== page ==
It can be intimidating to get a stack of pre-printed contracts and forms. Just remember, all those terms may appear locked-in, but they are negotiable. Don’t be bullied into accepting brief, misleading explanations. What’s more, you can make additions and changes to most clauses.
While you will want to review each clause, here are a few things to pay special attention to.
Co-Op Fee or Buyer/Broker Compensation
Your agent may present you with a listing contract that does not specify how the commission or co-op fee will be split. Sometimes, that split is disclosed only on the MLS data sheet, and often specifies a 60/40 seller/buyer split. As the seller, you are better off with a 50/50 split. You’ll pay the same agreed-upon commission either way. Designating that a higher percentage of your money goes to the buyer’s agent, however, creates an incentive for more agents to show your house to more potential buyers.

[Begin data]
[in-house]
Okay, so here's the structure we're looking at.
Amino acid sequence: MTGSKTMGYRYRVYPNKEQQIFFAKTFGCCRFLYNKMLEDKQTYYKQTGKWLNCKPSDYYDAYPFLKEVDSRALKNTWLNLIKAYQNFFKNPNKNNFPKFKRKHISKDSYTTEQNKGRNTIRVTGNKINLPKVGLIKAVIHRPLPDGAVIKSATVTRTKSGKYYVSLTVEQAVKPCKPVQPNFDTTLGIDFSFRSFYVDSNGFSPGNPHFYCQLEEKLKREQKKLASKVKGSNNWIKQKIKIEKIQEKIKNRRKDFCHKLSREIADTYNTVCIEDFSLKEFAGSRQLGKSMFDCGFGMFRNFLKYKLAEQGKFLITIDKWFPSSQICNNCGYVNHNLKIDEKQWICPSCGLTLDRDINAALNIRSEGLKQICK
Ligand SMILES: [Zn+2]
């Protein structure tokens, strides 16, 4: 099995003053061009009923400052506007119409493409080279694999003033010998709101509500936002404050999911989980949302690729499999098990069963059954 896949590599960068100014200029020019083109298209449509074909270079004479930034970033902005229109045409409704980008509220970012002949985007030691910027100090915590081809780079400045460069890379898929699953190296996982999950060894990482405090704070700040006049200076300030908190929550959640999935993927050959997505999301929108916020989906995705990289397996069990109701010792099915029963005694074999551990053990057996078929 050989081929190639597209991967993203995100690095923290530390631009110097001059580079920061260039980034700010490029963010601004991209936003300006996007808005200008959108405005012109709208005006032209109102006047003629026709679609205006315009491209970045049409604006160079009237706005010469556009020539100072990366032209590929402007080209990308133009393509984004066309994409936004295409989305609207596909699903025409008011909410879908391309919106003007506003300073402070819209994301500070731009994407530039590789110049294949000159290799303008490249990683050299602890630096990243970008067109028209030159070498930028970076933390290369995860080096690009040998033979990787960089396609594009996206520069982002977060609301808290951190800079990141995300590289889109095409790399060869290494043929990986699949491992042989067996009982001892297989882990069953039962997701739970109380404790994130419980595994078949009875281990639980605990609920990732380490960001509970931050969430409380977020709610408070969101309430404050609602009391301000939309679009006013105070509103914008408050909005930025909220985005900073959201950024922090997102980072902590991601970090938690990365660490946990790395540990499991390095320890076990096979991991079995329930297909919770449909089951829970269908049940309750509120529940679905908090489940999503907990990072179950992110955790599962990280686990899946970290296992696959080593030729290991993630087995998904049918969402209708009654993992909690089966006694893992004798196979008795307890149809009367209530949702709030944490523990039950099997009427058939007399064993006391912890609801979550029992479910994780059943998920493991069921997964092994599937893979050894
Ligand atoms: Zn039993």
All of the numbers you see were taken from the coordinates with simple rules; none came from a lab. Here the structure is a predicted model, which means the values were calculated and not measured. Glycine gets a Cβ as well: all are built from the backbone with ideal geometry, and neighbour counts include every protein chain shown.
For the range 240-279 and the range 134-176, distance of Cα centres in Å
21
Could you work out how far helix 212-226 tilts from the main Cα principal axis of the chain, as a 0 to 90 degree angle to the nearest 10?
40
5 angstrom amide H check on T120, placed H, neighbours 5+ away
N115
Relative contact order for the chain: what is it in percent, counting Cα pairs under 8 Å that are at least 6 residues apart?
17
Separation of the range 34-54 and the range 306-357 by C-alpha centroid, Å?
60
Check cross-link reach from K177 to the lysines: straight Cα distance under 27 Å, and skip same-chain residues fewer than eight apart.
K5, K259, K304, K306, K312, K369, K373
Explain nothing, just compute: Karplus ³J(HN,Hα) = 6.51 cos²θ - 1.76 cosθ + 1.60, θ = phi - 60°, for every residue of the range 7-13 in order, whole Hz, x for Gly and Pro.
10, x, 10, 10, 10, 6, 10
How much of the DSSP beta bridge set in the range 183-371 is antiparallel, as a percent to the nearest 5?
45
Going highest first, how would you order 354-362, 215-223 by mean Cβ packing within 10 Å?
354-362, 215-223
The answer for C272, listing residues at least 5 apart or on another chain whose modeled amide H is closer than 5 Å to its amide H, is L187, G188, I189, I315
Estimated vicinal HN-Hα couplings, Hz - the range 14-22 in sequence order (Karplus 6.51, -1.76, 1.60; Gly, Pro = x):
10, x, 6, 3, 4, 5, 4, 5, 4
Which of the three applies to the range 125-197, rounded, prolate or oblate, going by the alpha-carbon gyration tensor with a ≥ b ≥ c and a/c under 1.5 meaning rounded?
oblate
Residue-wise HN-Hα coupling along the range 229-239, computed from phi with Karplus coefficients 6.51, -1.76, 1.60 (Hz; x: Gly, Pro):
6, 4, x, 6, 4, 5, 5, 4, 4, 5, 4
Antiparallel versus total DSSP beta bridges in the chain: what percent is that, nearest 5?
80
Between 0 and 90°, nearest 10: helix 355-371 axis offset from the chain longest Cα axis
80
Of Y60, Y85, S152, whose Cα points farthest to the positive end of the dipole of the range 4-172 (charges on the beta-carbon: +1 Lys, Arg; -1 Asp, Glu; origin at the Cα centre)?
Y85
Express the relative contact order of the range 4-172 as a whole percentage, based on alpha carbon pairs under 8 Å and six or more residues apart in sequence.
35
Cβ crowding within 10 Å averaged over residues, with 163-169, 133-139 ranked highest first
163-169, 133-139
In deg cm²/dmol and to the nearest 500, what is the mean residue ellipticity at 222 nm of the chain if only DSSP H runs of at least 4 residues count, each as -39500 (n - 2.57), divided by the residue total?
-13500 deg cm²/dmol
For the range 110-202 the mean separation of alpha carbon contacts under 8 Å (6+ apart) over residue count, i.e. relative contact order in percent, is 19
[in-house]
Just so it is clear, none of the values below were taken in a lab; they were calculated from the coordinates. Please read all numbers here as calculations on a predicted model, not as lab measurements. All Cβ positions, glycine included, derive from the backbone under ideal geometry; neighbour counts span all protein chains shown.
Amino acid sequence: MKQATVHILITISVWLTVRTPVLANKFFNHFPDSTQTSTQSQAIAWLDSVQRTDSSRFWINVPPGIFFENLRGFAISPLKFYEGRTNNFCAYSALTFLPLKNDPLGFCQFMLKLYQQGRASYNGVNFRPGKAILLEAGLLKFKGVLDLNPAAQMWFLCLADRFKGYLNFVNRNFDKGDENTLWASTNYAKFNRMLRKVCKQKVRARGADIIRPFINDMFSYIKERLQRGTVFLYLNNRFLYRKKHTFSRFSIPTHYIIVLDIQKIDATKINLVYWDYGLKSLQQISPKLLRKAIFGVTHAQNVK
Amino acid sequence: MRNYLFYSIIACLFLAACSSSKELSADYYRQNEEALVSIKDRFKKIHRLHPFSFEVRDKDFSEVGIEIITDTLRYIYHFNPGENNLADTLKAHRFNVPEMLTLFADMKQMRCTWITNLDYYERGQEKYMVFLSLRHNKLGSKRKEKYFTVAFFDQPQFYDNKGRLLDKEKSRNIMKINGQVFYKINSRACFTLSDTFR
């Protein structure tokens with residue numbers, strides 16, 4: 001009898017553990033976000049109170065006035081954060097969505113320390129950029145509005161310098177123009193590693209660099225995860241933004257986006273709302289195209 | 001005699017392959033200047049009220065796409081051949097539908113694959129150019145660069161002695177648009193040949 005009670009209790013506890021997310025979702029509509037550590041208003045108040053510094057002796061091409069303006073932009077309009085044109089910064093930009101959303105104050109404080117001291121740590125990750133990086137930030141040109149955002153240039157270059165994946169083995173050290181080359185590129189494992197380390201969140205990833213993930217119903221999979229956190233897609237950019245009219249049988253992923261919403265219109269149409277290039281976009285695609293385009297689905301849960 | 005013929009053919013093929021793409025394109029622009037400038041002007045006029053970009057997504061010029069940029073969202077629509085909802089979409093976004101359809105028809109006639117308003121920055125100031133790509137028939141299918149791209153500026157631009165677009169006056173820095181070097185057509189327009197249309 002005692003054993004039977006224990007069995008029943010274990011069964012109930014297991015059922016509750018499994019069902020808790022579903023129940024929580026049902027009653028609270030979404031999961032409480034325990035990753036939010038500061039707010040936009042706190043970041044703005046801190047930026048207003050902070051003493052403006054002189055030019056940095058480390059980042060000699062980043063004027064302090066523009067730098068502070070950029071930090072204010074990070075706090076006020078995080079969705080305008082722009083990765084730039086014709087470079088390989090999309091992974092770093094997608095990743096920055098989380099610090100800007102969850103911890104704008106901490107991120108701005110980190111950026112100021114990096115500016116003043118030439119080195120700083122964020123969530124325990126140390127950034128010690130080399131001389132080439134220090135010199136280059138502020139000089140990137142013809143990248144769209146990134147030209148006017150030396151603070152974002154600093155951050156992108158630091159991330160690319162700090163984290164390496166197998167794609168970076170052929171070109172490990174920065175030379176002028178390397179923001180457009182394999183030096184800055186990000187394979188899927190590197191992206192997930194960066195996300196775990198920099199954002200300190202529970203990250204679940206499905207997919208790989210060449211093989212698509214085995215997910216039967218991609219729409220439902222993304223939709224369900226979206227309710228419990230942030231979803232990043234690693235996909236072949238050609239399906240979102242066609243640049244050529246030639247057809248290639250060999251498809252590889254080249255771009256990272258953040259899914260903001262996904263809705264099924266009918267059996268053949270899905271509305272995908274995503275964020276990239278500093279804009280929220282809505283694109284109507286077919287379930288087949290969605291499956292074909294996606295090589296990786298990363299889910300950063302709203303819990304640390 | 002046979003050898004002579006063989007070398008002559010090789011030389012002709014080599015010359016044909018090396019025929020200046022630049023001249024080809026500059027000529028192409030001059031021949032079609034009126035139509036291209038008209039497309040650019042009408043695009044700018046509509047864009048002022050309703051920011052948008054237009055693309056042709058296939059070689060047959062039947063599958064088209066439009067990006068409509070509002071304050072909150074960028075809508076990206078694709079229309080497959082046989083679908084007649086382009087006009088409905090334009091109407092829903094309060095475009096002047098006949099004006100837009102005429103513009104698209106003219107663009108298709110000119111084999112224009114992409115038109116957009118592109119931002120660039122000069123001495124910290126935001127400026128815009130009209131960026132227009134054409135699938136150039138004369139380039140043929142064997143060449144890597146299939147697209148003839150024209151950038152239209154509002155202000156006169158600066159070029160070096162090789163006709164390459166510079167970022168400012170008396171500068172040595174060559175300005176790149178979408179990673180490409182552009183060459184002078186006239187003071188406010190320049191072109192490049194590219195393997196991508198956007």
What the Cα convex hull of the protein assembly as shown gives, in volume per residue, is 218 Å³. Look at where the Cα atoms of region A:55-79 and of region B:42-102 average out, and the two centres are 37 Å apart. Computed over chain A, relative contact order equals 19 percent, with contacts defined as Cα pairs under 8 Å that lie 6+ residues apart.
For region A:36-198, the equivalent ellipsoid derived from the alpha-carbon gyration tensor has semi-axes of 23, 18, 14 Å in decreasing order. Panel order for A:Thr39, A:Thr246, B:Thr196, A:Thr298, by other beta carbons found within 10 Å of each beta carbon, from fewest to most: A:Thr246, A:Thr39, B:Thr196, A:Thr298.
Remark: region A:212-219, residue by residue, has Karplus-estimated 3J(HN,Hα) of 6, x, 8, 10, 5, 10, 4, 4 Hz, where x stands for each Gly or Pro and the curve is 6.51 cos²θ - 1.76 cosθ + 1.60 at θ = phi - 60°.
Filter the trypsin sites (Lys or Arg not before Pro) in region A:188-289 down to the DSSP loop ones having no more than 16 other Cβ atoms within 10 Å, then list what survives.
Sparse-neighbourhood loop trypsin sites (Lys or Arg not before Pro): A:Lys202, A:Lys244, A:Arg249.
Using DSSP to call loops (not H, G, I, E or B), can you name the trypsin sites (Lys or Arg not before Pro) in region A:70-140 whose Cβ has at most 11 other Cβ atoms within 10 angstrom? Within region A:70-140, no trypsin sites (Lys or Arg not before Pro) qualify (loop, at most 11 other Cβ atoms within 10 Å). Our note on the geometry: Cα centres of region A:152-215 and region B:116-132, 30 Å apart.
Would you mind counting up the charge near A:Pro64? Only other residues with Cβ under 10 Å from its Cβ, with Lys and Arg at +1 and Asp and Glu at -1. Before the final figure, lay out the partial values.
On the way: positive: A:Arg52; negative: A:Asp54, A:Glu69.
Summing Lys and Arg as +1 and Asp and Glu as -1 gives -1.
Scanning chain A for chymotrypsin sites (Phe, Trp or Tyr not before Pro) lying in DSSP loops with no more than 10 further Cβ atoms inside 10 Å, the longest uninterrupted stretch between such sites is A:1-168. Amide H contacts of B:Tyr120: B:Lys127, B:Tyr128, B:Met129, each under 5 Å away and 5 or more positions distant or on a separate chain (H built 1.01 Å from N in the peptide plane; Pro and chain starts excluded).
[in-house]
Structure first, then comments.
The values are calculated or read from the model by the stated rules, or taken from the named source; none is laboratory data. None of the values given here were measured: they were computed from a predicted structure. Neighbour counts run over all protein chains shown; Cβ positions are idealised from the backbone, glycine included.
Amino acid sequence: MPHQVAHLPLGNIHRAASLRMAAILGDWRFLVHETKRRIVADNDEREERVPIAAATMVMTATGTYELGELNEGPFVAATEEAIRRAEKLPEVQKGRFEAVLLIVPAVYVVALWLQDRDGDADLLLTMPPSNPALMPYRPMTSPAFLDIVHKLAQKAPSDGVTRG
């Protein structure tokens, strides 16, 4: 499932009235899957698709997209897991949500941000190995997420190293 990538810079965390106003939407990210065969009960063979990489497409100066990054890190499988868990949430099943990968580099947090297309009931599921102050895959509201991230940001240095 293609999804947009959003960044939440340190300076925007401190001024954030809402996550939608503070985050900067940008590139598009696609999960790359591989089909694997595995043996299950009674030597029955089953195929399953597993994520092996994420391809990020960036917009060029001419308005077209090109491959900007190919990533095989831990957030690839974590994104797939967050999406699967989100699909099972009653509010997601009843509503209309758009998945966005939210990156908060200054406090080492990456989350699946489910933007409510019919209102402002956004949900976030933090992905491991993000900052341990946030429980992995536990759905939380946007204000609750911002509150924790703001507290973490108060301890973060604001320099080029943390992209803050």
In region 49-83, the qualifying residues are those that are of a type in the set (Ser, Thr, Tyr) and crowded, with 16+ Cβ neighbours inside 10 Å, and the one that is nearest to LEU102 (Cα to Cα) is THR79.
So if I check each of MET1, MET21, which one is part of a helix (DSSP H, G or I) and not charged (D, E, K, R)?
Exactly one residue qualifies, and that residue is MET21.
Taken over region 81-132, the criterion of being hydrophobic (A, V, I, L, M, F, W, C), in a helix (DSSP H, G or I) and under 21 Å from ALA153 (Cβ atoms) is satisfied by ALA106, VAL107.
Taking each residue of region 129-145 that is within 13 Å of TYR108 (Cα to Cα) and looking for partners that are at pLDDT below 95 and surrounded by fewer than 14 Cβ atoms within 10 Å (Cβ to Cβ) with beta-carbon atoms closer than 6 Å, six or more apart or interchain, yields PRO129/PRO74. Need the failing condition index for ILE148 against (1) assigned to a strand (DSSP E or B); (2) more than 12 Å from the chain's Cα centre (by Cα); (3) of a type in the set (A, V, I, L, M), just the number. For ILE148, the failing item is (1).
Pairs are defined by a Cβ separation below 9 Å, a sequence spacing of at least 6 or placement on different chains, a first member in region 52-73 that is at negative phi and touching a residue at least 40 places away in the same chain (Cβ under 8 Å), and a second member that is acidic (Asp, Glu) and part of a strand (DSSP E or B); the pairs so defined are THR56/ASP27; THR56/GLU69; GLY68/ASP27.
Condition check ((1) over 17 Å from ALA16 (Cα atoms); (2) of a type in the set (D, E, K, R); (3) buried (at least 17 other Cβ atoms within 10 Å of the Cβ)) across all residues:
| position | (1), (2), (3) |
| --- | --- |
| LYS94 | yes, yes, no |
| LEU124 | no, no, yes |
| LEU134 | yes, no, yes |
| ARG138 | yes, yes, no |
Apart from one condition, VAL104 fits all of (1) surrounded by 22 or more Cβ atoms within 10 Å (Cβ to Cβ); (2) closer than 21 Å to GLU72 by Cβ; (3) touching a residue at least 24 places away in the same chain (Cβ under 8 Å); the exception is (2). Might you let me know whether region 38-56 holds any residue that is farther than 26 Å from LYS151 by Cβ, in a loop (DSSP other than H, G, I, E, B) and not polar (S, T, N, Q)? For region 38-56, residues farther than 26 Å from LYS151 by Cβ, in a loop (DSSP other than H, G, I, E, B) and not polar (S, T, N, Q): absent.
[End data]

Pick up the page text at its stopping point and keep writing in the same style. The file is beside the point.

Boilerplate contracts often set terms ranging from six months to a year. That might be okay, as long the contract includes a guarantee letting you cancel anytime. Even with that clause, it makes sense to negotiate a contract committing you to between four and six months.
Whatever the period, make sure your contract includes a “satisfaction guarantee” clause. That can ensure better service overall, especially when it comes to improving the listing presentation and broadening exposure. And, no matter what, as a seller, you may cancel the contract at anytime with written notice.
You know why lots of second-time home buyers choose an Exclusive Buyers Agent over a traditional real estate agency? It's because they've already been through the process—and realize there's a better way to buy a house.